I have started, erased, and restarted this blog three times now. When I was asked to write a blog about stress, I couldn’t help but think of all of the major events our community has been through this year, and every time I began to type the list, I found myself thinking, “This is just too much.” Yet in the face of it all, our community has thrived.
And while it is true that we are stronger because of what we have experienced, many individuals in our community, city, and state are experiencing elevated levels of stress. Results of a survey released by WalletHub in April 2017 found Louisiana to be the second most stressed state with a score only marginally lower than the most stressed state in the nation, Alabama. The American Psychological Association’s Stress in America 2017 Snapshot reported the first statistically significant increase in stress since the survey was first administered in 2007. Anecdotally, I have had multiple conversations with people discussing the more elevated than usual baseline stress level that some are experiencing and the tendency to be more sensitive and reactive to what they might have considered minor stressors in the past.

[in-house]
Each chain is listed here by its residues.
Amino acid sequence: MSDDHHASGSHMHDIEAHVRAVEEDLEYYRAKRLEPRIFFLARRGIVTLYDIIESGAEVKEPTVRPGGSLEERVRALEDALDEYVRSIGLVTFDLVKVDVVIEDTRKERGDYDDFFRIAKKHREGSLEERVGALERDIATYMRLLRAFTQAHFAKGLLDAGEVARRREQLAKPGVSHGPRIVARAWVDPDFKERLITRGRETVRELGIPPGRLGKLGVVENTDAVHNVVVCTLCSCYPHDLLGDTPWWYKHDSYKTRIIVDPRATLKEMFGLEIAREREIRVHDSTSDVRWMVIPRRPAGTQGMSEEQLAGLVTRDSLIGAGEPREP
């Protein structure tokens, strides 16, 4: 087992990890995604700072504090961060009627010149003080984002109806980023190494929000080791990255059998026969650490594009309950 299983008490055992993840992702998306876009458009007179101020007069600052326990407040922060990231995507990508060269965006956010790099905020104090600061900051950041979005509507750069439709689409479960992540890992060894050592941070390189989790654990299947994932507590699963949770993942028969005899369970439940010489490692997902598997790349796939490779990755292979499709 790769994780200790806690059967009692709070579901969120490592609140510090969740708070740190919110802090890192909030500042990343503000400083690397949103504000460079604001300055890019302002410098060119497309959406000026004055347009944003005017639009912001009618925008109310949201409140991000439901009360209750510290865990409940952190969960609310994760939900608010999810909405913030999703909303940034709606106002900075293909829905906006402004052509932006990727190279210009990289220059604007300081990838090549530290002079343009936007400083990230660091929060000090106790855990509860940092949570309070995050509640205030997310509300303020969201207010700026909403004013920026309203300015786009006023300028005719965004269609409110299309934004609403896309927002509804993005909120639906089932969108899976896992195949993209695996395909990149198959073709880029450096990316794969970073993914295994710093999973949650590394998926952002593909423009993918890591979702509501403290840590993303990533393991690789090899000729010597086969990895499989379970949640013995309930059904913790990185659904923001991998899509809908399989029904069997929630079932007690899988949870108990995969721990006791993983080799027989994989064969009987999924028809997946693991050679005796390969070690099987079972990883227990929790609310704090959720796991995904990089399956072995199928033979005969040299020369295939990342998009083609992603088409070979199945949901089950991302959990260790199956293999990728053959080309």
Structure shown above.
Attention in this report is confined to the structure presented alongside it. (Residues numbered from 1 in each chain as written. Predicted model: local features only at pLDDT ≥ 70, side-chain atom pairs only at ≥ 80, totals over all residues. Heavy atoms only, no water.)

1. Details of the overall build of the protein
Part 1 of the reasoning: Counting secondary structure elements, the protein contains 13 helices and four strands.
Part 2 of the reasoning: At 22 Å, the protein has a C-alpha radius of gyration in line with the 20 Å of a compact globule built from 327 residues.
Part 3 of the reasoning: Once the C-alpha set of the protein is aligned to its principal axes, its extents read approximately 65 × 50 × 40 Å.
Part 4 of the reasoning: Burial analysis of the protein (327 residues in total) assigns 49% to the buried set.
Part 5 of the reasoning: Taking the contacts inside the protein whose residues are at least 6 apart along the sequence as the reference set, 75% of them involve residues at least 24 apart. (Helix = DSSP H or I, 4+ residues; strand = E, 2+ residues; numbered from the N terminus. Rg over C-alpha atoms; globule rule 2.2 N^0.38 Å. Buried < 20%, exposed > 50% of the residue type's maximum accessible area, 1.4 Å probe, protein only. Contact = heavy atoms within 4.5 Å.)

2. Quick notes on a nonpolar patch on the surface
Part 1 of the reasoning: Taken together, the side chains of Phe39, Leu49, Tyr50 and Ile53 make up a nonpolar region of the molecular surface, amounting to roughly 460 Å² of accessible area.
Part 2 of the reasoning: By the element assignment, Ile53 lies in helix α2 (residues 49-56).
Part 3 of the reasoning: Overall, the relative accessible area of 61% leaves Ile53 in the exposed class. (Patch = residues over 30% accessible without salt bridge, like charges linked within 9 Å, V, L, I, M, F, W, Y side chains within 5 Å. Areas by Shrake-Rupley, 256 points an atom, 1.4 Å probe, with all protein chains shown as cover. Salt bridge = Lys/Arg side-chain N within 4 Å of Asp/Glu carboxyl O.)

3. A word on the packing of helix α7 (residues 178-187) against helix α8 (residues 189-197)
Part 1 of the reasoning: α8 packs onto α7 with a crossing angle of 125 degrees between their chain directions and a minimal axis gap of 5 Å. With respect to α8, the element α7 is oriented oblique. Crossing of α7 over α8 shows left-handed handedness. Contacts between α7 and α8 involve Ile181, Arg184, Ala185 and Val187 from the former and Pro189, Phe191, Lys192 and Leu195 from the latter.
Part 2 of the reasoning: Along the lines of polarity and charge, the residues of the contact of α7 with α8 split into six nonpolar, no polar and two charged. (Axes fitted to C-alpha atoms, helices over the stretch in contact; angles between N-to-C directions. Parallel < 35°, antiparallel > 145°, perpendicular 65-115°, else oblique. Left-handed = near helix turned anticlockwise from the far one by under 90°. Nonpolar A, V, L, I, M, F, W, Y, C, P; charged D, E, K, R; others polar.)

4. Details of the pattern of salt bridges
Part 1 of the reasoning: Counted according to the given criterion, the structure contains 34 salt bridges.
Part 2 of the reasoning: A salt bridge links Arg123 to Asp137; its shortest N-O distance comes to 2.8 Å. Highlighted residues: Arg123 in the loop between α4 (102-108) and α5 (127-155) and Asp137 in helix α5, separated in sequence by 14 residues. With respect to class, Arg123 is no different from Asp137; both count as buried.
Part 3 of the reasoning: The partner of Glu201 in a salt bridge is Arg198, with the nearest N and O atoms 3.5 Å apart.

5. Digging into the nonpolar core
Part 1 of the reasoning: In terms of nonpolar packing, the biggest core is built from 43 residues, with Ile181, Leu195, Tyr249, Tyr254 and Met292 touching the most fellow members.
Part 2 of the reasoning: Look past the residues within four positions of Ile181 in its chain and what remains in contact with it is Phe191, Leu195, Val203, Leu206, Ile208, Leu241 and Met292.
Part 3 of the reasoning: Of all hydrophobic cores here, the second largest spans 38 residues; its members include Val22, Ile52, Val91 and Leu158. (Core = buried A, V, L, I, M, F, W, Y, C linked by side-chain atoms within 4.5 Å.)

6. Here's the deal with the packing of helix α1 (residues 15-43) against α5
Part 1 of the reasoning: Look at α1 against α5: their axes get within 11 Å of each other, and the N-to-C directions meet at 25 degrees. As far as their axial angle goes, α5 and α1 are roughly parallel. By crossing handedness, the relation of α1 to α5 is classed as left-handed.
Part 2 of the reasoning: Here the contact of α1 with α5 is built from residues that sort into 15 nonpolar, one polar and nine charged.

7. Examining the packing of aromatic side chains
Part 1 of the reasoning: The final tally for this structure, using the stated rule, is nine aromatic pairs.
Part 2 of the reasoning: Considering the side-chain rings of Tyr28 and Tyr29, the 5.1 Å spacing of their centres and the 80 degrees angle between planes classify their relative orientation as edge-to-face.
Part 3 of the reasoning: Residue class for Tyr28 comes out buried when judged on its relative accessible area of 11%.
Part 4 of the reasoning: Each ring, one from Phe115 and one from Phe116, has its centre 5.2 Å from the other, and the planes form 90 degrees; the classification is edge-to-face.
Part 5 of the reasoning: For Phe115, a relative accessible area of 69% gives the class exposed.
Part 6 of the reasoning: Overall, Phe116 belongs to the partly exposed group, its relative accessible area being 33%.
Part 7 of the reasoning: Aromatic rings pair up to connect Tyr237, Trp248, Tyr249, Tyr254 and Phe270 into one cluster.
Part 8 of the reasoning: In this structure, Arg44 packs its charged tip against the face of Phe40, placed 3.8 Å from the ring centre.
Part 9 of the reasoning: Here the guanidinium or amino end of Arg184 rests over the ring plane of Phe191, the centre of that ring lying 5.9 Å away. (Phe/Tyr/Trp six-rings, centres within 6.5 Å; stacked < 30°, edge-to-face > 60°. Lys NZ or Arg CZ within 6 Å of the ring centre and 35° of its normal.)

6 Tips for dealing with stress
As we approach this busy time of year, we often find ourselves feeling overwhelmed. Here are some suggestions for dealing with stress in a healthy way:
"Often we get so caught up in taking care of everyone around us, we forget to check in with ourselves. Check in with yourself regularly, and listen to what your mind and body are telling you you need."
These are just a few suggestions for coping with end-of-the year stress. I challenge you to try one or more of these over the next few weeks and see if they work in your life.
1 Sansone RA, et al. "Gratitude and Well Being: The Benefits of Appreciation," Psychiatry (Nov. 2010): Vol. 7, No. 11, pp. 18–22
2 NPR (2017, April 25) “Just Show Up: Sheryl Sandberg on How to Help Someone Who’s Grieving.” Retrieved from http://www.npr.org/templates/transcript/transcript.php?storyId=525453115
Jodi is a Nationally Certified Counselor (NCC) and is currently serving as the Upper School Counselor at Episcopal School of Baton Rouge. She has a Master’s of Education with a concentration in Mental Health and a Certificate of Education Specialist with a concentration in School Counseling from Louisiana State University. Prior to working as a school counselor, she worked in various clinical settings, including a community-based family clinic, a university mental health clinic, and a substance abuse detox facility. Jodi’s areas of focus and experience include school counseling, adolescent and family counseling, individual and group counseling, identity development, girls’ and women’s wellness, military personnel and veterans, academic and career counseling, and substance abuse treatment.